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Natures Pride fertilizer

Posts: 939
Location: N. California
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I was in the store the other day and they had Natures Pride Veg fertilizer on clearance for 6.00 a bag, witch  is quite a deal.  I only buy organic everything for my gardens.  I was very torn because I like to add to my soil in the spring to give everything an added boost.   I could not find organic, or omri anywhere on the bag.  But it was tempting, because it had the ingredients I would like to use.
Derived from feather meal, bat guano, fish meal, seabird guanos, oyster shell, alfalfa meal, volcanic ash, blood meal, crab meal, rock phosphate, fish bone meal, glacial rock dust, sulfate of potash, langbeinite, kelp meal.

Soil amending ingredients: wood biochar

Glomus intraradices: 1.7 spores per g.
Glomus deserticola: 0.4 spores per g.
Glomus etunicatem: 0.4 spores per g.
Glomus clarum: 0.4 spores per g.

Bacillus subtilis: 2.0 X 108 CFUs per g.
Bacillus licheniformis: 9.0 X 107 CFUs per g.
Bacillus amyloliquefaceans: 6.0 X 107 CFUs per g.
Bacillus thuringiensis: 1.0 X 106 CFUs per g.
Bacillus polymyxa: 4.0 X 106 CFUs per g.      

I know some times companies don't get certified because of cost, but there are a lot of ingredients I don't know what they are.  Is this a good additive?  Or should I find something else?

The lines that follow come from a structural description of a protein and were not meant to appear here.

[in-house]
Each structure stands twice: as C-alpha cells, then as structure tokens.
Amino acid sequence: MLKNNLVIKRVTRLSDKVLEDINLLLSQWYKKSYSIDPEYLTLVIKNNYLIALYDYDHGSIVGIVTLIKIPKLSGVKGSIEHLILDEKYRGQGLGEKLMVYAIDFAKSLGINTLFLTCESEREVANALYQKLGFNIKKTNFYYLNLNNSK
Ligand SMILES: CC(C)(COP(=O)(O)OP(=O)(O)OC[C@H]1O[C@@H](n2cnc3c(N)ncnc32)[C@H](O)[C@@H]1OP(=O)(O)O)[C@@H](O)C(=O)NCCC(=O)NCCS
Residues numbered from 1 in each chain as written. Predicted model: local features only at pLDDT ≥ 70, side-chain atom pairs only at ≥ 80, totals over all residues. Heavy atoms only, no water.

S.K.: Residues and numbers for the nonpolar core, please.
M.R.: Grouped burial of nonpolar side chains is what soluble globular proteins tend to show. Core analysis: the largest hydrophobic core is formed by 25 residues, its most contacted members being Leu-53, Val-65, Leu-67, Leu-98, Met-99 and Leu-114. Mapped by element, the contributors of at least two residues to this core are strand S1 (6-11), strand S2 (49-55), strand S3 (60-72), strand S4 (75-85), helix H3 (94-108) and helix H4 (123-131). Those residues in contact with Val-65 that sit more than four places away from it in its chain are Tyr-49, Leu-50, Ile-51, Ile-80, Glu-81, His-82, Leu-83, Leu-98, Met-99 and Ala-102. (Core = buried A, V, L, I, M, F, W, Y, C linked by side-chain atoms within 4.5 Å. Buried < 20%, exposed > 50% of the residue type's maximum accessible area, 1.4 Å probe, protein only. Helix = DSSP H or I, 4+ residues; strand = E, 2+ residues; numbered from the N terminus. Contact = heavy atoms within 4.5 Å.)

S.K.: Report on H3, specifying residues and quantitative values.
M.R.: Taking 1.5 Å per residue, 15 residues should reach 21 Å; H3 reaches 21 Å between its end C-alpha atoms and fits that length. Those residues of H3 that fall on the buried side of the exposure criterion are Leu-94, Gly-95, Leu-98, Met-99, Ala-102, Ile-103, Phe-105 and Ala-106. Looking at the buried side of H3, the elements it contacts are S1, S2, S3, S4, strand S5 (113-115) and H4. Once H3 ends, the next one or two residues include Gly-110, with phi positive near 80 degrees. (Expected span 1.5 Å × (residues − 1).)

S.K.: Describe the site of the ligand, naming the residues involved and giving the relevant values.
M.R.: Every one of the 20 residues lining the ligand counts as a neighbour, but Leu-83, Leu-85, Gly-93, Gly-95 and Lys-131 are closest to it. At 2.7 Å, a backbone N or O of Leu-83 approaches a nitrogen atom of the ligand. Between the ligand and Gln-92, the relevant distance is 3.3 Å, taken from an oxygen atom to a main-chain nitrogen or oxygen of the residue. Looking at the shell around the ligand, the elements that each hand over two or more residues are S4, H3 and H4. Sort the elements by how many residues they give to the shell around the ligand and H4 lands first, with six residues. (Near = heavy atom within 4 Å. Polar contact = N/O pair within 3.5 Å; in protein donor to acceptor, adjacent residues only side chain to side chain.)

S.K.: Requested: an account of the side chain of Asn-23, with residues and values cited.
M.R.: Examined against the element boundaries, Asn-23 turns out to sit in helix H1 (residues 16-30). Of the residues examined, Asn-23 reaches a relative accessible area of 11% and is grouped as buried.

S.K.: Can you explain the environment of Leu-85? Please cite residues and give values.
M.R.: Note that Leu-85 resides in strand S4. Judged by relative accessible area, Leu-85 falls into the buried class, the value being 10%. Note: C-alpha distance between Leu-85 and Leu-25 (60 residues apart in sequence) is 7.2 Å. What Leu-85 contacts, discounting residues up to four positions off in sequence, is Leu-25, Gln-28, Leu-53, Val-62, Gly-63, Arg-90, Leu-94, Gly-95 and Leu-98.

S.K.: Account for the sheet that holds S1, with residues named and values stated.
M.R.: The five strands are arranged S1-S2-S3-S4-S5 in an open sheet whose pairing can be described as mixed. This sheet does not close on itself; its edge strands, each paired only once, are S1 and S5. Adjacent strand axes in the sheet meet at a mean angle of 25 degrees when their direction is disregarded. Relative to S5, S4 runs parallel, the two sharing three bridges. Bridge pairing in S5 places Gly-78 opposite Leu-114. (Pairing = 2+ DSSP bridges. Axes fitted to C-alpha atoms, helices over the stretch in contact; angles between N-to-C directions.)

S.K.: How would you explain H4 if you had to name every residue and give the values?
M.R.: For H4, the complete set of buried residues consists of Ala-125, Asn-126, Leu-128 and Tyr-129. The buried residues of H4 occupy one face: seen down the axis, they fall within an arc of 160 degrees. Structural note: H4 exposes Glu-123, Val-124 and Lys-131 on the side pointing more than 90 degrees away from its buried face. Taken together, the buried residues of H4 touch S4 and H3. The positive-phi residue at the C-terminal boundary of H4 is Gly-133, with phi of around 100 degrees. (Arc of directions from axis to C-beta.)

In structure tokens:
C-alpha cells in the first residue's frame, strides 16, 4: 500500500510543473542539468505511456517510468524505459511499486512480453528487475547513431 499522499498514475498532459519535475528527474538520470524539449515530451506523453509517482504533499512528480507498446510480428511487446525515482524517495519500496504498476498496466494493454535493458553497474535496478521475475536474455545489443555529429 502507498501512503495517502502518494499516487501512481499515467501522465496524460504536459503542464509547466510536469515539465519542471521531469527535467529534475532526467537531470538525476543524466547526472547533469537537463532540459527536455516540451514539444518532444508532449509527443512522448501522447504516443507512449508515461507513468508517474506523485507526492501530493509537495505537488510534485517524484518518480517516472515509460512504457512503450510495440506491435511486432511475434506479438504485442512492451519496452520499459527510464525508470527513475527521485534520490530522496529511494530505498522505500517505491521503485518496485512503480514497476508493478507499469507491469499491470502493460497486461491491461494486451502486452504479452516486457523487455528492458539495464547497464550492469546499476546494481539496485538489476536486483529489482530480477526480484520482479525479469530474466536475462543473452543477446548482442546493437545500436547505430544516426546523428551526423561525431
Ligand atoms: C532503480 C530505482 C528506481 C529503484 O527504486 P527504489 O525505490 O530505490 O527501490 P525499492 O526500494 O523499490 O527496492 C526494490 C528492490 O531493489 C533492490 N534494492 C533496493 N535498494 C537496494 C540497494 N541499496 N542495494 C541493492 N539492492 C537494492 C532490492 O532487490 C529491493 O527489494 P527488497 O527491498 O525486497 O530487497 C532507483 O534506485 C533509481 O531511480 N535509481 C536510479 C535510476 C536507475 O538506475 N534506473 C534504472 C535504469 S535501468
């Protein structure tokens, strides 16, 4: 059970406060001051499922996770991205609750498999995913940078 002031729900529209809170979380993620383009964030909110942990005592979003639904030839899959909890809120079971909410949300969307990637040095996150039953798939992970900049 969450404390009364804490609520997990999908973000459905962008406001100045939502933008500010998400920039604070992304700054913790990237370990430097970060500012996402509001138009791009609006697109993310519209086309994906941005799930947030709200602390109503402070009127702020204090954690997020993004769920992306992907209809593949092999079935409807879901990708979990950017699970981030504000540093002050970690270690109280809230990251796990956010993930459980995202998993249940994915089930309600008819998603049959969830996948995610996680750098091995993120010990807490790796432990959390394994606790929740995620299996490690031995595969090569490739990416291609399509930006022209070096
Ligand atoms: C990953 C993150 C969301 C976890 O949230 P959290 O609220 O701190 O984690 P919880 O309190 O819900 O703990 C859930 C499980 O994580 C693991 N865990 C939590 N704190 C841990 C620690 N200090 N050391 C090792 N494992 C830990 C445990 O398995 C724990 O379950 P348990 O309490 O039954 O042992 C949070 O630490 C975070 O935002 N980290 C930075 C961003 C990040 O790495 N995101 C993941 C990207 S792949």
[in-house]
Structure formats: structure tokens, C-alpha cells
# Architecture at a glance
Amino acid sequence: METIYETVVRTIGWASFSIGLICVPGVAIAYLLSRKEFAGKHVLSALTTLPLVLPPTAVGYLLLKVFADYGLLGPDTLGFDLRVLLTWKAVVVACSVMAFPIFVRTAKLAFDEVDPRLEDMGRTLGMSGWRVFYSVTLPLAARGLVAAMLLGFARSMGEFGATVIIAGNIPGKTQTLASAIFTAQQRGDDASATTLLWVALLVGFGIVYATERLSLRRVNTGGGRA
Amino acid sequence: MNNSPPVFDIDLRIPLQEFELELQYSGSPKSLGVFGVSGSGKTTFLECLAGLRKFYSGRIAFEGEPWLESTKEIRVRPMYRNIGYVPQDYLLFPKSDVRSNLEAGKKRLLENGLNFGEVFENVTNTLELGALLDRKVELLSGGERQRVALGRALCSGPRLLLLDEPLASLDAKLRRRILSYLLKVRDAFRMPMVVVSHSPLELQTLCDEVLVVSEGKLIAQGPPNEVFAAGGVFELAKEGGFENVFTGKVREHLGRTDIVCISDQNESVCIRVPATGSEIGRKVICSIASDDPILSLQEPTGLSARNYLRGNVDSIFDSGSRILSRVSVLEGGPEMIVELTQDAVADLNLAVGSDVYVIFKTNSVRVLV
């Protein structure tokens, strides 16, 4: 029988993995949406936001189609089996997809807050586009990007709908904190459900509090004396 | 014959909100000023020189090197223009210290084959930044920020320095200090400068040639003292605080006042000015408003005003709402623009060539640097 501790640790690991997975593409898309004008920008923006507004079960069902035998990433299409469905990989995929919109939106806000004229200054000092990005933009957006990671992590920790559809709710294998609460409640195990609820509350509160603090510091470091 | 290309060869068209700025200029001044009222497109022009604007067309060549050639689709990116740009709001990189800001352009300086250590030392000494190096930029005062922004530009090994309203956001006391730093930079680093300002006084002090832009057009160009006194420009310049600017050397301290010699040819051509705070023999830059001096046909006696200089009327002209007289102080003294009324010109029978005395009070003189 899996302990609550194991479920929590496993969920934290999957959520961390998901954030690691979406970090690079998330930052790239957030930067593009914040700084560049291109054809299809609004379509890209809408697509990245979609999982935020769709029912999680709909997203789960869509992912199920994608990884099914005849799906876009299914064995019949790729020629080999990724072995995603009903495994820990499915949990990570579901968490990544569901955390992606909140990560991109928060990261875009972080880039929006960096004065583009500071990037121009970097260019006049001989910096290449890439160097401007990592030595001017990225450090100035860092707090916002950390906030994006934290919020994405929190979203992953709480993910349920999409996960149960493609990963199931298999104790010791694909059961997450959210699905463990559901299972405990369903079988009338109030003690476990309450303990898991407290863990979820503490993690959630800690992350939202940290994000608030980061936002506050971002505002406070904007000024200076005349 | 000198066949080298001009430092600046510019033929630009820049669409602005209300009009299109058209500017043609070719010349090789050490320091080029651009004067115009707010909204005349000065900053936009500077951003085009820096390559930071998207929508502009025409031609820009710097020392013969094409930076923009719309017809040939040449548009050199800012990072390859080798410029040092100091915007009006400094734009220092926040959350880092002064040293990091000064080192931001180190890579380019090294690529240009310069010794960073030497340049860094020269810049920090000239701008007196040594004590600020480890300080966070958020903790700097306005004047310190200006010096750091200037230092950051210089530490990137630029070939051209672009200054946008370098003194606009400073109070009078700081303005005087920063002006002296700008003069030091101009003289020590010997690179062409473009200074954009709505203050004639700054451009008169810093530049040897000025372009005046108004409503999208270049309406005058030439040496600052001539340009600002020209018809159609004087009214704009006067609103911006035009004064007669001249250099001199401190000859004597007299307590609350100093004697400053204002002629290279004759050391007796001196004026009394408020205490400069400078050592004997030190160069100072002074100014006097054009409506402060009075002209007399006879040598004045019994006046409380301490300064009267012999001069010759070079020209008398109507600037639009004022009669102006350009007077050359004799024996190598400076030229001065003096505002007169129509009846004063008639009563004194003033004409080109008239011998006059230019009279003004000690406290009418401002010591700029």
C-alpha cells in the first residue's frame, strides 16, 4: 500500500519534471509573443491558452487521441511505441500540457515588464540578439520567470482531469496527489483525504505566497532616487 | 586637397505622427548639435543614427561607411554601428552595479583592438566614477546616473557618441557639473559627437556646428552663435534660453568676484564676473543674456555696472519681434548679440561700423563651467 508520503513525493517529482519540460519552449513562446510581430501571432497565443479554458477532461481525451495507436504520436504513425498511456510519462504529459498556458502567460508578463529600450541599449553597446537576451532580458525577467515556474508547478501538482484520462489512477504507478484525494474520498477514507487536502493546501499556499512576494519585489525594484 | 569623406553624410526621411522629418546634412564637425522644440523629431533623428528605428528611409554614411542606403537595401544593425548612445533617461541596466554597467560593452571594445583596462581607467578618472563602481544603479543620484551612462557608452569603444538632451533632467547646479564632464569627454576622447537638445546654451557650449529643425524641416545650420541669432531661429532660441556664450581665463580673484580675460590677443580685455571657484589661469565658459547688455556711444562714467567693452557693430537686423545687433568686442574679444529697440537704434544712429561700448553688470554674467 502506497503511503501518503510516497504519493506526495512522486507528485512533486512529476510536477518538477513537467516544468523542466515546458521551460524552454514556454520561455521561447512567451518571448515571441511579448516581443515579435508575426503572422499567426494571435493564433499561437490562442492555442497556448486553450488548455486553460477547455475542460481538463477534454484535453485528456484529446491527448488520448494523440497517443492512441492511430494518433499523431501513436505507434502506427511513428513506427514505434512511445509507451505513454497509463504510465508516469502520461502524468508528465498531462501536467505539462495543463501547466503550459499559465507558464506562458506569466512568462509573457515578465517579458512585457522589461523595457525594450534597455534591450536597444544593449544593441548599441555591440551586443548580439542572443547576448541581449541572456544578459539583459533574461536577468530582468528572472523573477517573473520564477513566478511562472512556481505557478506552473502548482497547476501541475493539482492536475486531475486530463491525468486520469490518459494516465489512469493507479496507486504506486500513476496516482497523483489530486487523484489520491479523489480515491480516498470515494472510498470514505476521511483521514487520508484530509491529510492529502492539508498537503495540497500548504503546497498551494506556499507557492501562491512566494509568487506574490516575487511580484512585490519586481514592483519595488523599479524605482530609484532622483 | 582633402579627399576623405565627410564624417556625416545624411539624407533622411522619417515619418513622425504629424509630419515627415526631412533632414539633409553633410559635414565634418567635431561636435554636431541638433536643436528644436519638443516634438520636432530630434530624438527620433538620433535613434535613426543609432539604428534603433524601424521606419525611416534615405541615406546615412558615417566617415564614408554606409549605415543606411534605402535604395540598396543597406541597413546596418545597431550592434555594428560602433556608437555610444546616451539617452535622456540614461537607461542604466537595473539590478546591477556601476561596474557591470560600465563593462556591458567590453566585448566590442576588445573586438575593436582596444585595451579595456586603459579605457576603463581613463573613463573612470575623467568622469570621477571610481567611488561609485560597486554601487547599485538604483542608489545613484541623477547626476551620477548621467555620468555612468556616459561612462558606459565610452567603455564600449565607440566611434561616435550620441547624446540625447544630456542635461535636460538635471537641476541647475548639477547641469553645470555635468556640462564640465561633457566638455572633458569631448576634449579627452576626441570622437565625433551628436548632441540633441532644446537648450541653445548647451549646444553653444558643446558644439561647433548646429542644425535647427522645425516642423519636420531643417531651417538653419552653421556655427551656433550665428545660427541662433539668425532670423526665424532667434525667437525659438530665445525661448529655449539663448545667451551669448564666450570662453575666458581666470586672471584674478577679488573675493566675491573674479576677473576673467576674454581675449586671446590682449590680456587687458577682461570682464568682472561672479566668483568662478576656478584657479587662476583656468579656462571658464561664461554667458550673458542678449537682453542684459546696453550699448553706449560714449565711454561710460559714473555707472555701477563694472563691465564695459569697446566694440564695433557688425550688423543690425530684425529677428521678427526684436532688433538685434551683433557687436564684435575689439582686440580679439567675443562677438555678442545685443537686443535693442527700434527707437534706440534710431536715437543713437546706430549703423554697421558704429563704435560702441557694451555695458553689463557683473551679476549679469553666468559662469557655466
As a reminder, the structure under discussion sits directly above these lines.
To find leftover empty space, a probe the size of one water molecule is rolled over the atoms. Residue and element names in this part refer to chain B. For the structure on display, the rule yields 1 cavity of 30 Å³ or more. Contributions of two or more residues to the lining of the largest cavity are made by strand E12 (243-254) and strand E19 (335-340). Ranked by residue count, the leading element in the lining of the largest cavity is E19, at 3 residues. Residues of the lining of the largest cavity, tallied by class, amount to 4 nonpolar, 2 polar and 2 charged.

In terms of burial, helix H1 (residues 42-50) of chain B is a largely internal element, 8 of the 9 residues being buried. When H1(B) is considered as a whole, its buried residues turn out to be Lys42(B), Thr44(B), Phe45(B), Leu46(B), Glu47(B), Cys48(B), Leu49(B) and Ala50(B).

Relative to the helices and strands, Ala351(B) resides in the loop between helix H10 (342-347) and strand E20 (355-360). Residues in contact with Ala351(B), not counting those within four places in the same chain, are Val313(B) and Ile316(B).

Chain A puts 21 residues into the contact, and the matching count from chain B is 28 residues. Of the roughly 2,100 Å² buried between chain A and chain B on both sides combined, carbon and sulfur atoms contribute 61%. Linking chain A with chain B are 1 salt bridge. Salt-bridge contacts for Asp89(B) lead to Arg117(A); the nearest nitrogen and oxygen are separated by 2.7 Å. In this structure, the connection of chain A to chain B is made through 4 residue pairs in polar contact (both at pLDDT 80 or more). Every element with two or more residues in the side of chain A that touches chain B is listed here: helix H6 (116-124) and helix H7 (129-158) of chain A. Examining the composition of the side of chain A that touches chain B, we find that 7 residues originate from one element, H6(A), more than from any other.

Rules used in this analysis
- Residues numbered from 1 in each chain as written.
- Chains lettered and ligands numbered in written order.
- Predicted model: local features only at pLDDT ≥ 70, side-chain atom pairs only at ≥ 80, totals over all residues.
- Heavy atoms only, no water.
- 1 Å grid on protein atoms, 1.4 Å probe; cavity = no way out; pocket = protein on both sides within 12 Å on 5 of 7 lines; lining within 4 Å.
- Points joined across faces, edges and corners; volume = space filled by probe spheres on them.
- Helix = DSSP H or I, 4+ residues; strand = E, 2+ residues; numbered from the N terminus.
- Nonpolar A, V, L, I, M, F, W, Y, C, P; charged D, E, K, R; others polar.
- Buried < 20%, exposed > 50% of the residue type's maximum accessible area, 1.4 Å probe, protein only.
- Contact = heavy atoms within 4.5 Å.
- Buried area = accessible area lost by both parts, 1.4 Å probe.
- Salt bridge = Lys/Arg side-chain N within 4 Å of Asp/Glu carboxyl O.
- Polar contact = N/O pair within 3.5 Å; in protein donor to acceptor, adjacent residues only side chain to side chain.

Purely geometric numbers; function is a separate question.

Posts: 4412
Location: West Tennessee
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I think it looks like a good product. The one thing that jumps out to my eye that could be questionable or possible even the reason it's not labeled as organic is the alfalfa. A lot of toxic crap can be used in conventionally grown alfalfa. One option to alleviate concerns of this is to add this to a compost pile, and pour on some mushroom slurry. Fungi already present in the compost, along with added fungi (like oyster mushroom!) will break down any nasty chemical residue in the alfalfa meal. Adding this product to the compost will also make a lot of the minerals in this fertilizer biologically available to whatever plants you choose to apply this now supercharged compost to.
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Location: Virginia USDA 7a/b
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I’ve turned down a lot of chicken products because they use antibiotics heavily in the CAFOs. If I get a huge composting setup to bioremediate, I would consider them, but those can be very durable in the groundwater and it would end up in my immediate watershed and maybe pond.

I’m not pursuing organic at this point but I’m practicing beyond what is required. I am torn because it’s a waste stream that I think with some fungi could be a good addition.

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